Your ROI might seem poor if you compare it to your competitors but fundamentally, the comparison is moot. Your objectives, your tactics, your spend, your strategy - these will all be different, so how can you compare them with others’?
It’s better to adopt a more inward-looking approach; your ROI benchmarks should be based on your own specific targets, spend and strategy. As Jeff Bezos said: ‘Have an obsession with your customer, not your competitor’
How can you accurately measure ROI?
When it comes to working out your marketing ROI, you can’t measure everything at a molecular level. If you try to - apart from giving yourself a headache - you’ll obscure the picture.
You need to keep things simple. As a starter, here are three key metrics to consider:
- Cost per acquisition - the cost of winning each new customer
- Customer lifetime value - how much the customer is worth once you acquire them. Dividing customer lifetime value by cost per acquisition will give you a simple measure of the overall return on your marketing investment
- Marketing costs as a percentage of sales
The combination of these metrics will give you a broad view of whether or not your marketing campaigns are delivering ROI. Once you know this, you need to go a little deeper and take a look at your pipeline: the quality of the leads and how quickly they’re converting into sales.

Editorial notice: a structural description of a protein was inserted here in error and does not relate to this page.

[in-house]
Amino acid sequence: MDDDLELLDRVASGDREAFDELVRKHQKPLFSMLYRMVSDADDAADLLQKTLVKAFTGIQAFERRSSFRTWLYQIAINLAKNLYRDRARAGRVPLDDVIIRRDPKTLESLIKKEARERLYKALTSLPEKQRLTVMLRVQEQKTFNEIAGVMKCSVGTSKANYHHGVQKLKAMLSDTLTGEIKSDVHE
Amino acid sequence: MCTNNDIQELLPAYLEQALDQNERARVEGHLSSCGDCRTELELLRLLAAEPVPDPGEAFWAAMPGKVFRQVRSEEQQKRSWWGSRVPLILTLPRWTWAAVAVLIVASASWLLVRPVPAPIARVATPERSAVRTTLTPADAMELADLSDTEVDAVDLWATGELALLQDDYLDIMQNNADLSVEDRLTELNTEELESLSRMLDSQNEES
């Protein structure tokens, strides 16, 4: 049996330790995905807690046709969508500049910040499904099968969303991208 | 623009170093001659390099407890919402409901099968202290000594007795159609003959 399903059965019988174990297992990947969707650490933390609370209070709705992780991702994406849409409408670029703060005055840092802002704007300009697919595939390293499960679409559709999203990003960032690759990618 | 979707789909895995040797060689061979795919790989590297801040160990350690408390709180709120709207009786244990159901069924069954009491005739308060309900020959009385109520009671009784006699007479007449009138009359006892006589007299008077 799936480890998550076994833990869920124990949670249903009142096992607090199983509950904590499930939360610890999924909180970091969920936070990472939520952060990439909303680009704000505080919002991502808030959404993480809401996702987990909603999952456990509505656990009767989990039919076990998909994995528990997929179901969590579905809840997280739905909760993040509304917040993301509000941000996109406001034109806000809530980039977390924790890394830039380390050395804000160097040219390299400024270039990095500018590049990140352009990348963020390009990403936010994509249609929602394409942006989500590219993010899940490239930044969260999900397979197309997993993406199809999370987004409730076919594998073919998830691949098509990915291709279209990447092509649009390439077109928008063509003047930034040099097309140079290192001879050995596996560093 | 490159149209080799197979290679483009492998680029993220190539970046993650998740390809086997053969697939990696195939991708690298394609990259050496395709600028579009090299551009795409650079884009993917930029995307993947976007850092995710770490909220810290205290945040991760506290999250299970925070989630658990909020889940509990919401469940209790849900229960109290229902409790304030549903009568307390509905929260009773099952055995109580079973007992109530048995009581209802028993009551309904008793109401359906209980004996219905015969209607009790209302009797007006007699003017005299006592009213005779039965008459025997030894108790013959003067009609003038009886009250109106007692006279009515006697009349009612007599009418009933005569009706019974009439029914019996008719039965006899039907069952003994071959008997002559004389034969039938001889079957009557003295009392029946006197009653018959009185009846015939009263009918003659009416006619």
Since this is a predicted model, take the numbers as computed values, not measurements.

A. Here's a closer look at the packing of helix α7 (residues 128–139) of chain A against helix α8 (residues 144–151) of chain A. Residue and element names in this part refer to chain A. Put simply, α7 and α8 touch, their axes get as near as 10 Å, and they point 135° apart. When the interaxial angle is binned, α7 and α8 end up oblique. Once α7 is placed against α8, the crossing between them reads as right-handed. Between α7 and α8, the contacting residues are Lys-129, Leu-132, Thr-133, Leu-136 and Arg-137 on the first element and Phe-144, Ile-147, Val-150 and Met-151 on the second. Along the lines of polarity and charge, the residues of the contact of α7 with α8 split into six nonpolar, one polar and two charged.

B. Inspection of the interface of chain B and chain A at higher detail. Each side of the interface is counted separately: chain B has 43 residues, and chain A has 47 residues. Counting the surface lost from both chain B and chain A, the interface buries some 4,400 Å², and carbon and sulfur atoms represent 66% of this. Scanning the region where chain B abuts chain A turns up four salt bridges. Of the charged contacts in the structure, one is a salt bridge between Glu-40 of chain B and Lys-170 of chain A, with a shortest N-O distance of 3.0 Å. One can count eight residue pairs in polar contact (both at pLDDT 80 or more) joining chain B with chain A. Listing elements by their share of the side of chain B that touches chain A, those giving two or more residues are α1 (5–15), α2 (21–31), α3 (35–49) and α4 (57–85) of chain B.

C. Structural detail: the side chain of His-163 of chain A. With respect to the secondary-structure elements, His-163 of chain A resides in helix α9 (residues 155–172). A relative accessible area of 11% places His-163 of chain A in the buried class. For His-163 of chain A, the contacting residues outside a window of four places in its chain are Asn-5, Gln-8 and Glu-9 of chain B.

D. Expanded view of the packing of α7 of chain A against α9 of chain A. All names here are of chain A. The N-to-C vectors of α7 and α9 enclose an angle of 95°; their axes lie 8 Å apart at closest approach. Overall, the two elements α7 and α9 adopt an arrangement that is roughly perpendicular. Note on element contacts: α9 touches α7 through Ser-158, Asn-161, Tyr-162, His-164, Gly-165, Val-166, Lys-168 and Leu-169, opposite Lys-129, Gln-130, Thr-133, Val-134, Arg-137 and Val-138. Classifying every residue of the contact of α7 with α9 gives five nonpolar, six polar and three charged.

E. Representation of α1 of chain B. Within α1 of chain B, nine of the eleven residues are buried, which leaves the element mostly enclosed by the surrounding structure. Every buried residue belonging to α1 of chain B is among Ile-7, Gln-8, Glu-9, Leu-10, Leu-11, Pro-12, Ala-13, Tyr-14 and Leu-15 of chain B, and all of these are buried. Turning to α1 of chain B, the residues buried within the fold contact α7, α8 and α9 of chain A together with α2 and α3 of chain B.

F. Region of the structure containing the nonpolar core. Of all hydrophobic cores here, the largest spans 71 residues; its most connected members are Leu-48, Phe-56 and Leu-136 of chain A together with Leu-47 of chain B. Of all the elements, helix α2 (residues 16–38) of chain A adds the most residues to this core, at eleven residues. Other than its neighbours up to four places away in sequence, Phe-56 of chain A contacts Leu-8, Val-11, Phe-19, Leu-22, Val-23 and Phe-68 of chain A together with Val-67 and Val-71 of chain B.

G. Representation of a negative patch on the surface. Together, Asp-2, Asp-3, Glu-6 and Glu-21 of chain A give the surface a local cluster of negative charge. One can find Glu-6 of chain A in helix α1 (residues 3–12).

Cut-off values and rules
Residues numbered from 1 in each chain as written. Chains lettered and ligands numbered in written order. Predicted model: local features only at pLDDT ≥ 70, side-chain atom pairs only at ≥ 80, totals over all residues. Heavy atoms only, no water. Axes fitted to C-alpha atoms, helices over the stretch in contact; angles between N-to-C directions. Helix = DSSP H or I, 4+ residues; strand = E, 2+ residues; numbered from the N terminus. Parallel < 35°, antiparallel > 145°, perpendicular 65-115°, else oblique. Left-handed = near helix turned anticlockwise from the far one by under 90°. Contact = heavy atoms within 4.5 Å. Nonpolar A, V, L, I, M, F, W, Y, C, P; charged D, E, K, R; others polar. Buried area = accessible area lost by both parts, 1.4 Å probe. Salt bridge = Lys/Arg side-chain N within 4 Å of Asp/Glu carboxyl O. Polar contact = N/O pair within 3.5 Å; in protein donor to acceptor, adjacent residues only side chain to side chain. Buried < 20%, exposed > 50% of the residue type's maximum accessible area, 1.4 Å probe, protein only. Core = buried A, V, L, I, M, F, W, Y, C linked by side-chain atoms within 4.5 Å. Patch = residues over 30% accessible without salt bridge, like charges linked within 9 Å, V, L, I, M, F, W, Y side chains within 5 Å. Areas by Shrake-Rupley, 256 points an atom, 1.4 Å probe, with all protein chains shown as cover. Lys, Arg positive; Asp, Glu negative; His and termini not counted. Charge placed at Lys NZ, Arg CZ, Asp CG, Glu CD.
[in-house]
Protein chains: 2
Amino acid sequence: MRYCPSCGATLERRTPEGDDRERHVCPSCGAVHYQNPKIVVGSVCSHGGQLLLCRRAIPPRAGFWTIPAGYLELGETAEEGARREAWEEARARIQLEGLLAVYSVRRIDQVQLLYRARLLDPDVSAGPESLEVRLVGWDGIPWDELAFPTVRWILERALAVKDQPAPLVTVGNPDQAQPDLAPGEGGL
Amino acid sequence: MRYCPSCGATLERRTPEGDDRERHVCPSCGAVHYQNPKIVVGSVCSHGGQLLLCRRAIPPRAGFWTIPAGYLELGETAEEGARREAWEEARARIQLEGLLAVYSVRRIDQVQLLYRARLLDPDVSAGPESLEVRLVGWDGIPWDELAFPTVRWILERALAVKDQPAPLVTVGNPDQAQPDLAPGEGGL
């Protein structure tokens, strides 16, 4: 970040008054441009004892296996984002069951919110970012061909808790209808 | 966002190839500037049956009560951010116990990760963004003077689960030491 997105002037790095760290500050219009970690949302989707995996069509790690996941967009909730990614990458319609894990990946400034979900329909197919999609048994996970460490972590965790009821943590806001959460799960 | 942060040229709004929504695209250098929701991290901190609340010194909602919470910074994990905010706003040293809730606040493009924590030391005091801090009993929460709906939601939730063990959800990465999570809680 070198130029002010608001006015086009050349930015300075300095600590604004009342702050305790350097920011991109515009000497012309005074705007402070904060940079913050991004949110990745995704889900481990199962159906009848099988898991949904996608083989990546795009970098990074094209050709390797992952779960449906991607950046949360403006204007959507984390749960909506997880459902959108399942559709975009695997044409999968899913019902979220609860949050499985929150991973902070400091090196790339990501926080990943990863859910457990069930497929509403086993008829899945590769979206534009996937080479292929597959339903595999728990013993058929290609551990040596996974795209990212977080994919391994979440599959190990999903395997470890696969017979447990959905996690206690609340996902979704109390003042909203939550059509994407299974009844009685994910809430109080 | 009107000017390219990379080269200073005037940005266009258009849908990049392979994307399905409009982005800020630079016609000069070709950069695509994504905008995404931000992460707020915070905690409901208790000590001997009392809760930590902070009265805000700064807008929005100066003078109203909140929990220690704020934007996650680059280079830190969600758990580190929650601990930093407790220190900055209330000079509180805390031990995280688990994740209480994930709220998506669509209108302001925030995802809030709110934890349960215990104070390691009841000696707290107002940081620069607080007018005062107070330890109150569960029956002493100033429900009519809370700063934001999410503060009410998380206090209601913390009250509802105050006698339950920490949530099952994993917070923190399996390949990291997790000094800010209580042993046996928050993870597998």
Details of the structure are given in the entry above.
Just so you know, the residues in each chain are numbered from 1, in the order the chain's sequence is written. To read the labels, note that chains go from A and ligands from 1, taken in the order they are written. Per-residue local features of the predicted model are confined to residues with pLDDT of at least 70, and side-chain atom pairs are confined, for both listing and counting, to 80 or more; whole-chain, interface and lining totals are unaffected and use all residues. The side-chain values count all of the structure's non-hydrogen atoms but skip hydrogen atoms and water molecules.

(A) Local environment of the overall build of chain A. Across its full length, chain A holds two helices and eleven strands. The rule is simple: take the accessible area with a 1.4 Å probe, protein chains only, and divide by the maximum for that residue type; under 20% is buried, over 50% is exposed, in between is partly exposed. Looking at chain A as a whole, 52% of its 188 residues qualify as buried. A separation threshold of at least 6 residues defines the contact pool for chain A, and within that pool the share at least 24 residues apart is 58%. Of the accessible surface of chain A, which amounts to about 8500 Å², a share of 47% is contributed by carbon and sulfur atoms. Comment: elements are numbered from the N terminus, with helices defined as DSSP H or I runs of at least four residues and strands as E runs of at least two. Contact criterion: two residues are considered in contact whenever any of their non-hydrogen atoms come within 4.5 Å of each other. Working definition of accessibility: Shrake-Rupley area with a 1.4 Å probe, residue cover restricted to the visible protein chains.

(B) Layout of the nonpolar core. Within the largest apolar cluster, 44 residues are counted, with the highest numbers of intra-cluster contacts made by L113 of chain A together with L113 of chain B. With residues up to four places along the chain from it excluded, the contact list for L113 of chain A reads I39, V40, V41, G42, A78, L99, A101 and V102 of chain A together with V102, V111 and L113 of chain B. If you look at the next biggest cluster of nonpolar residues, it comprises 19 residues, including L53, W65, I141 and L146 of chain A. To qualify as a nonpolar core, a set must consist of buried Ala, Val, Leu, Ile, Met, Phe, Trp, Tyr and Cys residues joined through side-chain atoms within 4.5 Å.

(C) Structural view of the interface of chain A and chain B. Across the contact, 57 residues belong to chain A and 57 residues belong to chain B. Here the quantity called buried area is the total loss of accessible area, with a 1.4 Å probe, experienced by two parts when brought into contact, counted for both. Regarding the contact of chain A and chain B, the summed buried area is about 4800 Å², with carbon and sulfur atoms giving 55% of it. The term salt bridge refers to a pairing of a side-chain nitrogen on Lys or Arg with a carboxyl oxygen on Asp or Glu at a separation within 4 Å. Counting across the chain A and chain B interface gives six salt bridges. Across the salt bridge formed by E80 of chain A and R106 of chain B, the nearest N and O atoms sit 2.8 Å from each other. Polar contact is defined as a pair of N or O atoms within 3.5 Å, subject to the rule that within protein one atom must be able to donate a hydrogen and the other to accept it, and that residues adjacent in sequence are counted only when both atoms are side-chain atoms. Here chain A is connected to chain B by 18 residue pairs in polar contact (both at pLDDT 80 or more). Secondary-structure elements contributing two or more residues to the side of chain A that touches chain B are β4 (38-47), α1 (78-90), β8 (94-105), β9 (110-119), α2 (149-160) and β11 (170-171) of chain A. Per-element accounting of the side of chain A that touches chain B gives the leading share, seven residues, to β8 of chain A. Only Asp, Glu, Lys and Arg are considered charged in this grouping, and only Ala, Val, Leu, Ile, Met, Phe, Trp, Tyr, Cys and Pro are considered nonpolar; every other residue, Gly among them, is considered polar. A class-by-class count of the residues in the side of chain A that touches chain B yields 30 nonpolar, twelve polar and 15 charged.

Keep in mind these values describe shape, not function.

If you want to find out how to do this and which metrics to use, our comprehensive guide has all the answers.
What do you do with the findings?
Of course, you’re not measuring your marketing ROI for fun. You want to understand what you should do more of and what hasn’t worked. If you’ve approached your calculations in the right way, you should be able to see areas which tactics or channels you should double down on.
Measuring your marketing ROI properly comes down to clarity. You need to ask the right questions in the right way and know what to do with the answers. It’s about ignoring the distractions and vanity metrics, and instead focusing on finding the tangible outcomes of your marketing strategies.
If you want to make your own marketing dashboard to track your ROI, read our guide here.